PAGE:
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Claims

What is claimed is:
1. A method of developing a chronic arterial occlusions in-vivo animal model comprising the steps of: > isolating a segment of an animal artery; stopping blood flow with occlusive ligatures in the isolated arterial segment of an animal artery; injecting topical thrombin into the isolated arterial segment to form an acute thrombotic occlusion; ) waiting while the acute thrombotic occlusion is converted into a chronic fibrotic occlusion.
2. The method of claim 1 wherein the steps of isolating an arterial segment further comprises the steps of: anaesthetizing an animal; making an incision to access the artery; and, placing ligatures at least about 5 mm apart to isolate a segment of artery.
3. The method of claim 1 wherein the step of injecting the topical thrombin to form an acute thrombotic occlusion comprises the steps of: injecting a bovine thrombin solution into the arterial segment using a needle; waiting for a first waiting period; loosening the ligature to determine if an occlusion has formed; determining whether anterograde blood flow is still present; if anterograde blood flow is still present, injecting additional bovine thrombin solution into the arterial segment; repeating until an acute thrombotic occlusion is formed; and removing the ligatures.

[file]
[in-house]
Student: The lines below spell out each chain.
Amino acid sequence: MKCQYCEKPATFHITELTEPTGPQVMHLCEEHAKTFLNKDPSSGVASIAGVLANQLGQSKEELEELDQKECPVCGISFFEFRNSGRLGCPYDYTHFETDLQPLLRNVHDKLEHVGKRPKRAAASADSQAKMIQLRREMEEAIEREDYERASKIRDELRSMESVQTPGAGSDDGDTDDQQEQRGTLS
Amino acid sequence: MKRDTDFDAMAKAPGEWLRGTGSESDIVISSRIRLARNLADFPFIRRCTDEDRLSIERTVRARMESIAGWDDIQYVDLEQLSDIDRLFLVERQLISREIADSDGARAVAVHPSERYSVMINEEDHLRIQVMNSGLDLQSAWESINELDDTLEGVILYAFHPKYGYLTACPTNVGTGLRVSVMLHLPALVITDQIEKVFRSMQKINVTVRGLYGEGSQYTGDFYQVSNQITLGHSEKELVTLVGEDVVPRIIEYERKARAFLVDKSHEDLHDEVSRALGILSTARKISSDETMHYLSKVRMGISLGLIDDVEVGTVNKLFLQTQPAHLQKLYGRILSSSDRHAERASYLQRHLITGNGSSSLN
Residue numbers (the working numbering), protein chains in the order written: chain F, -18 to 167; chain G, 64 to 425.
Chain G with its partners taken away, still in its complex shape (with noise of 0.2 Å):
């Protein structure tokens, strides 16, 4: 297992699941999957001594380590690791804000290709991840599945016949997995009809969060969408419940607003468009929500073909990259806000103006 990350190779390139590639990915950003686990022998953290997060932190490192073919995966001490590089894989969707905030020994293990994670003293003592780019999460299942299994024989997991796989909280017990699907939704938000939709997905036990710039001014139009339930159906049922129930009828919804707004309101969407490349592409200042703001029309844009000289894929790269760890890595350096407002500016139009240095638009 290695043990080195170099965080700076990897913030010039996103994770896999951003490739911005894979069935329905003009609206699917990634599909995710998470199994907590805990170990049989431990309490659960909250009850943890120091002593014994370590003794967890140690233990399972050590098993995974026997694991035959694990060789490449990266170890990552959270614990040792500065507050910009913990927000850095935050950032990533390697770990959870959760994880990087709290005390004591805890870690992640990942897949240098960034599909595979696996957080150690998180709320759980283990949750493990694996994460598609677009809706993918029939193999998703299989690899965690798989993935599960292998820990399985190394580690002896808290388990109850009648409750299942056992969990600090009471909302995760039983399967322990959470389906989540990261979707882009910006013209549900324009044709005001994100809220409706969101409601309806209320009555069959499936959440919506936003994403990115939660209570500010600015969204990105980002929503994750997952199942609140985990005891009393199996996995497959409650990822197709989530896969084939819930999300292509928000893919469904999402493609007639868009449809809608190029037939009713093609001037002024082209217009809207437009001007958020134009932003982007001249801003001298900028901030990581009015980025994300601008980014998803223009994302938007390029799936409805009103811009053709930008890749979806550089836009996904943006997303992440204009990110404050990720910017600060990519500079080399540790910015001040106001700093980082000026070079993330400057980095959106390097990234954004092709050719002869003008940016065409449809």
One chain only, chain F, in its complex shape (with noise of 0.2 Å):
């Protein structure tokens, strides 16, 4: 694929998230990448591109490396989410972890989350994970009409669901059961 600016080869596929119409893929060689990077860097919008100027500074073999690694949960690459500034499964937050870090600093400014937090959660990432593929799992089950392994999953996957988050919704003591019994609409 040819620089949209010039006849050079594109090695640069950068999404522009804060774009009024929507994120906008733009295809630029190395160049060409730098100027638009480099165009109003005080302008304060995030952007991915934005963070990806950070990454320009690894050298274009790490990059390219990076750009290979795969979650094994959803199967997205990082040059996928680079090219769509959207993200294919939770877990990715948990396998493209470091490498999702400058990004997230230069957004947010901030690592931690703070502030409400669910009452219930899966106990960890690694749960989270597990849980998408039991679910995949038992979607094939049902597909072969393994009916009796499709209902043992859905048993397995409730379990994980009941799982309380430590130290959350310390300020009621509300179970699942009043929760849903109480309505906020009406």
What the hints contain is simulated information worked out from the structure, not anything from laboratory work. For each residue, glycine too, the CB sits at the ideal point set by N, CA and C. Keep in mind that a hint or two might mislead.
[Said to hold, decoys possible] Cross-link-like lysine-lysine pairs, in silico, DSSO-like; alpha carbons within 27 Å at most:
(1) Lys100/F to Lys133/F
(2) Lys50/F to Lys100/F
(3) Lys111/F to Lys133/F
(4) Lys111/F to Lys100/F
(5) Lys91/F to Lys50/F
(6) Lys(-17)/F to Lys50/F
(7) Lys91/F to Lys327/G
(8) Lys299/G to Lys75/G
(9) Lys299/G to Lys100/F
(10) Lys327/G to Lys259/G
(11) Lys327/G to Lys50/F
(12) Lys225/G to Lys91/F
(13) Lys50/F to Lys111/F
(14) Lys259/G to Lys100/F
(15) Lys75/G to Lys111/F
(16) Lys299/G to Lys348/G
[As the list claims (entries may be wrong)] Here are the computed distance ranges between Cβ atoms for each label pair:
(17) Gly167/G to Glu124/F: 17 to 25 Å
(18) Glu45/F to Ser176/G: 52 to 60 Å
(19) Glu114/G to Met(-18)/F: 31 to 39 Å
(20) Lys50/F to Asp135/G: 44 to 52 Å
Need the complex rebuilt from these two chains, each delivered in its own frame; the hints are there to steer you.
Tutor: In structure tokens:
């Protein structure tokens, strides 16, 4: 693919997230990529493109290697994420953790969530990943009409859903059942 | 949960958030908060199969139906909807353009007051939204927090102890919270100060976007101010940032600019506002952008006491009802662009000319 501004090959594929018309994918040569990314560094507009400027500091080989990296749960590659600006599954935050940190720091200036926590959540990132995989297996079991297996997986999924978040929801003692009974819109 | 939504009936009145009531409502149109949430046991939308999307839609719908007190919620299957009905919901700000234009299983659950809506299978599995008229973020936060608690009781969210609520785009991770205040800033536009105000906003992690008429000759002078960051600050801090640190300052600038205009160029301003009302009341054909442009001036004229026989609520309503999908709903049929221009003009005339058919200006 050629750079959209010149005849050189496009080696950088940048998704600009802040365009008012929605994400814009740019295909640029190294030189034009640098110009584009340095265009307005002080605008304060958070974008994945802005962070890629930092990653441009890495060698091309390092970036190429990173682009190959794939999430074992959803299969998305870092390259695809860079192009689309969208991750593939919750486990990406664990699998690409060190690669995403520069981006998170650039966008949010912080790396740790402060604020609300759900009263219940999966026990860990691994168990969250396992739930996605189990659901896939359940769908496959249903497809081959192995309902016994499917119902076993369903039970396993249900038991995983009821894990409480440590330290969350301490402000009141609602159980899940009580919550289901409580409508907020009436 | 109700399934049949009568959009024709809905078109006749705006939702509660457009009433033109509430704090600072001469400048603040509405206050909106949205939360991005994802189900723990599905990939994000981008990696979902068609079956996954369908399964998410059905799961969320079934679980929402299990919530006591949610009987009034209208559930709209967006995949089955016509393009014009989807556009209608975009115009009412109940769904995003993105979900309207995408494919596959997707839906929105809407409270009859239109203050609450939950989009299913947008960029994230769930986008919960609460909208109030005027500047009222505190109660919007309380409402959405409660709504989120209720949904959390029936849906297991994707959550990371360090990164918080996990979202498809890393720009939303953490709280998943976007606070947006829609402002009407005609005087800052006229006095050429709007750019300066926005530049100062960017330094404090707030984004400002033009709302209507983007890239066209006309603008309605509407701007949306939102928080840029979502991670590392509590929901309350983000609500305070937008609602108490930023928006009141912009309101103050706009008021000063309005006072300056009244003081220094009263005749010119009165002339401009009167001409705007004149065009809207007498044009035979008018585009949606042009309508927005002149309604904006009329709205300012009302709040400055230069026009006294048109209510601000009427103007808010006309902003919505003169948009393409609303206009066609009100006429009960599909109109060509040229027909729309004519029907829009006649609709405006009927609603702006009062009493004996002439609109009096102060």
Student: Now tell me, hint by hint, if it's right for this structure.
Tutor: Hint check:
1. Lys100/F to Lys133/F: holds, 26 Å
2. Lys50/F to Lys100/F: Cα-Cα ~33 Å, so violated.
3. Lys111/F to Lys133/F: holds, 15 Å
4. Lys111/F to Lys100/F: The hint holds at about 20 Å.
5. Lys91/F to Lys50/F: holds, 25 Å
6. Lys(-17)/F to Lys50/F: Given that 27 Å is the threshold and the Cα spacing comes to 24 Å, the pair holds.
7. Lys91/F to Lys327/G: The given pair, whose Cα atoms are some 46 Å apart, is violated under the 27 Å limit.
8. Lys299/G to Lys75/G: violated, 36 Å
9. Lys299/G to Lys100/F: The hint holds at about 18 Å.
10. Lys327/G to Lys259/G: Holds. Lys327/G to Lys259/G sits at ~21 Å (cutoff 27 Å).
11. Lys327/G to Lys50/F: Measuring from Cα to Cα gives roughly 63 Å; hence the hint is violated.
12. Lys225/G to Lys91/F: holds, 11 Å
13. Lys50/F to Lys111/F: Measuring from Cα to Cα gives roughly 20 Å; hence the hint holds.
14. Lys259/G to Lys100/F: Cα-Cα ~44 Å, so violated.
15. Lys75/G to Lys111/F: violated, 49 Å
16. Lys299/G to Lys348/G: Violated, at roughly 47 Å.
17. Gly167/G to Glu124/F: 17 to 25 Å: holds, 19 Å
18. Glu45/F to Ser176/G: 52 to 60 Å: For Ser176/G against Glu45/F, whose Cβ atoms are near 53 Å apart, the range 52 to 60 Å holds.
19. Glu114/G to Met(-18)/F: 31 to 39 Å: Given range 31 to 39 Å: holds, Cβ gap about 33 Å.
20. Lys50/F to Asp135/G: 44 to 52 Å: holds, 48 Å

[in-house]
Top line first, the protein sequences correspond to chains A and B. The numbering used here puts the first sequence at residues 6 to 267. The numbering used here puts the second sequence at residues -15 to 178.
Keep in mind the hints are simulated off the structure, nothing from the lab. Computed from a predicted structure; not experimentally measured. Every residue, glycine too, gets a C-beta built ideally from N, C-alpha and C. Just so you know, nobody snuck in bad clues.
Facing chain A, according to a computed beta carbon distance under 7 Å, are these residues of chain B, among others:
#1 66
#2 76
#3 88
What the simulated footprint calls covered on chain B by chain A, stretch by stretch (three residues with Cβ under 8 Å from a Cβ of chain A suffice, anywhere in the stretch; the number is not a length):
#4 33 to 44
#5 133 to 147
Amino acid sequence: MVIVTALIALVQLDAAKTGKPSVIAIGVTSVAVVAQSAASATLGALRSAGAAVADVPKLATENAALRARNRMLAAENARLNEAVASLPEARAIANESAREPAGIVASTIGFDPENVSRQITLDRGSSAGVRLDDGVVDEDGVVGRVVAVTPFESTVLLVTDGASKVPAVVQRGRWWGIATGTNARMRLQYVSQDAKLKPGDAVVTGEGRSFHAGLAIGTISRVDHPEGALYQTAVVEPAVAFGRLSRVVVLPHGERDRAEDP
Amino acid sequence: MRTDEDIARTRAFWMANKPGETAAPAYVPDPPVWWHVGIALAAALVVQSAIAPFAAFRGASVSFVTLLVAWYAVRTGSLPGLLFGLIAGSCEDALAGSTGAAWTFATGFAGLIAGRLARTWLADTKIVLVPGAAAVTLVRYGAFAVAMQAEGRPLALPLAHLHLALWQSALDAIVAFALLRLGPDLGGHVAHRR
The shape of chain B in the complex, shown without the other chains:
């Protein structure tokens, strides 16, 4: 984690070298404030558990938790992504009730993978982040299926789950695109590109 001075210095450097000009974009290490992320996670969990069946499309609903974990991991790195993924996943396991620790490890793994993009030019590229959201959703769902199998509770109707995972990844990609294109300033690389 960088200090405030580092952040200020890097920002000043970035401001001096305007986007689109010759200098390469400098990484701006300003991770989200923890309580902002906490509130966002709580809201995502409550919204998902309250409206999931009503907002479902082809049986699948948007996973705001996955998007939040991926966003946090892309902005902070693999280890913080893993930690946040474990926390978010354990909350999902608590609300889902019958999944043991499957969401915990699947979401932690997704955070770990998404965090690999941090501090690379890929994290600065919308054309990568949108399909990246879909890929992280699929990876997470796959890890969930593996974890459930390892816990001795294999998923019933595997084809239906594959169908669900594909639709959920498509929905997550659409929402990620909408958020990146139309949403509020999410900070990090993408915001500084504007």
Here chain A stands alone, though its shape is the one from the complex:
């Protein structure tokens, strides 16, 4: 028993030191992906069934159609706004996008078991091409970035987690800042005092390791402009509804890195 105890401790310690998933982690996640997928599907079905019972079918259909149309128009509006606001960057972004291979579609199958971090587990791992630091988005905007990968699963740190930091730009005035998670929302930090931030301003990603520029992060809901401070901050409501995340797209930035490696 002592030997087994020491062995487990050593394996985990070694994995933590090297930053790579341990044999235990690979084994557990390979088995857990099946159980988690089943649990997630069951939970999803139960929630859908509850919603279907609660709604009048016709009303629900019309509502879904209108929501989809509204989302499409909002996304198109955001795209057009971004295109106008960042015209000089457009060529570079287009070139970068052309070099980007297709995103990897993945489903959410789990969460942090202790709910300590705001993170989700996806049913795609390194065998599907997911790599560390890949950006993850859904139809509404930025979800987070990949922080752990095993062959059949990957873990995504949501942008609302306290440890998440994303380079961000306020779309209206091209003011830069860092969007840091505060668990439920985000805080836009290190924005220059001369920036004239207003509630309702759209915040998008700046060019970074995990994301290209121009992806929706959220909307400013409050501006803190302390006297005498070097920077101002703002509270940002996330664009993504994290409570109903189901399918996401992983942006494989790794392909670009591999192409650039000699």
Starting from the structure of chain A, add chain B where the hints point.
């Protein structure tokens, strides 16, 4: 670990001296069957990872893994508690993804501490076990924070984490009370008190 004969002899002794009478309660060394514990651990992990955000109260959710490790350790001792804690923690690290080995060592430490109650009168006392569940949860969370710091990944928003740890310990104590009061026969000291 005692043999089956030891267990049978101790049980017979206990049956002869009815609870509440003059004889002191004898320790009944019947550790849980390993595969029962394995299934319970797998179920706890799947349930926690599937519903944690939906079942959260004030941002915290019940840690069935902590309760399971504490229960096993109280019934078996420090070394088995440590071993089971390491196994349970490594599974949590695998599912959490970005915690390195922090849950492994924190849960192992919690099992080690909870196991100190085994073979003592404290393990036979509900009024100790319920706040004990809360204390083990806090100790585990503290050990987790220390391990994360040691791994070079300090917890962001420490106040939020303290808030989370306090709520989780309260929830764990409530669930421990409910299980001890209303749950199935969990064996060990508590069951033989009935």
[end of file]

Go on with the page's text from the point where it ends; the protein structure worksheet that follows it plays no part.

4. The method of claim 3 wherein the first waiting period is at least 20 minutes.
5. The method of claim 1 wherein the duration of the step of waiting while the acute thrombotic occlusion is converted into a chronic fibrotic occlusion is 10 to 25 weeks.
6. The method of claim 1 wherein the animal is selected from the group consisting of rabbits, pigs, dogs, sheep, rats and non-human primates.
7. The method of claim 1 wherein the artery is selected from the group consisting of femoral, iliac, carotid, and coronary arteries.
8. An in-vivo animal model of chronic arterial occlusions formed by means of stopping blood flow with occlusive ligatures in an isolated arterial segment of an animal artery; injecting topical thrombin into the arterial segment to form an acute thrombotic occlusion; and, waiting while the acute thrombotic occlusion is converted into a chronic fibrotic occlusion.
9. A method of treating chronically occluded animal tubes and cavities comprising the steps of: administering a therapeutic effective amount of a proteolytic enzyme containing formulation adjacent an occluding atherosclerotic plaque; waiting for a pre-angioplasty waiting period; and, crossing the plaque with an angioplasty guide wire.
10. The method of claim 9 wherein the duration of the pre-angioplasty waiting period is between about 1 hour and about 108 hours.
11 . The method of claim 10 wherein the duration of the pre-angioplasty waiting period is between about 12 hours and about 86 hours.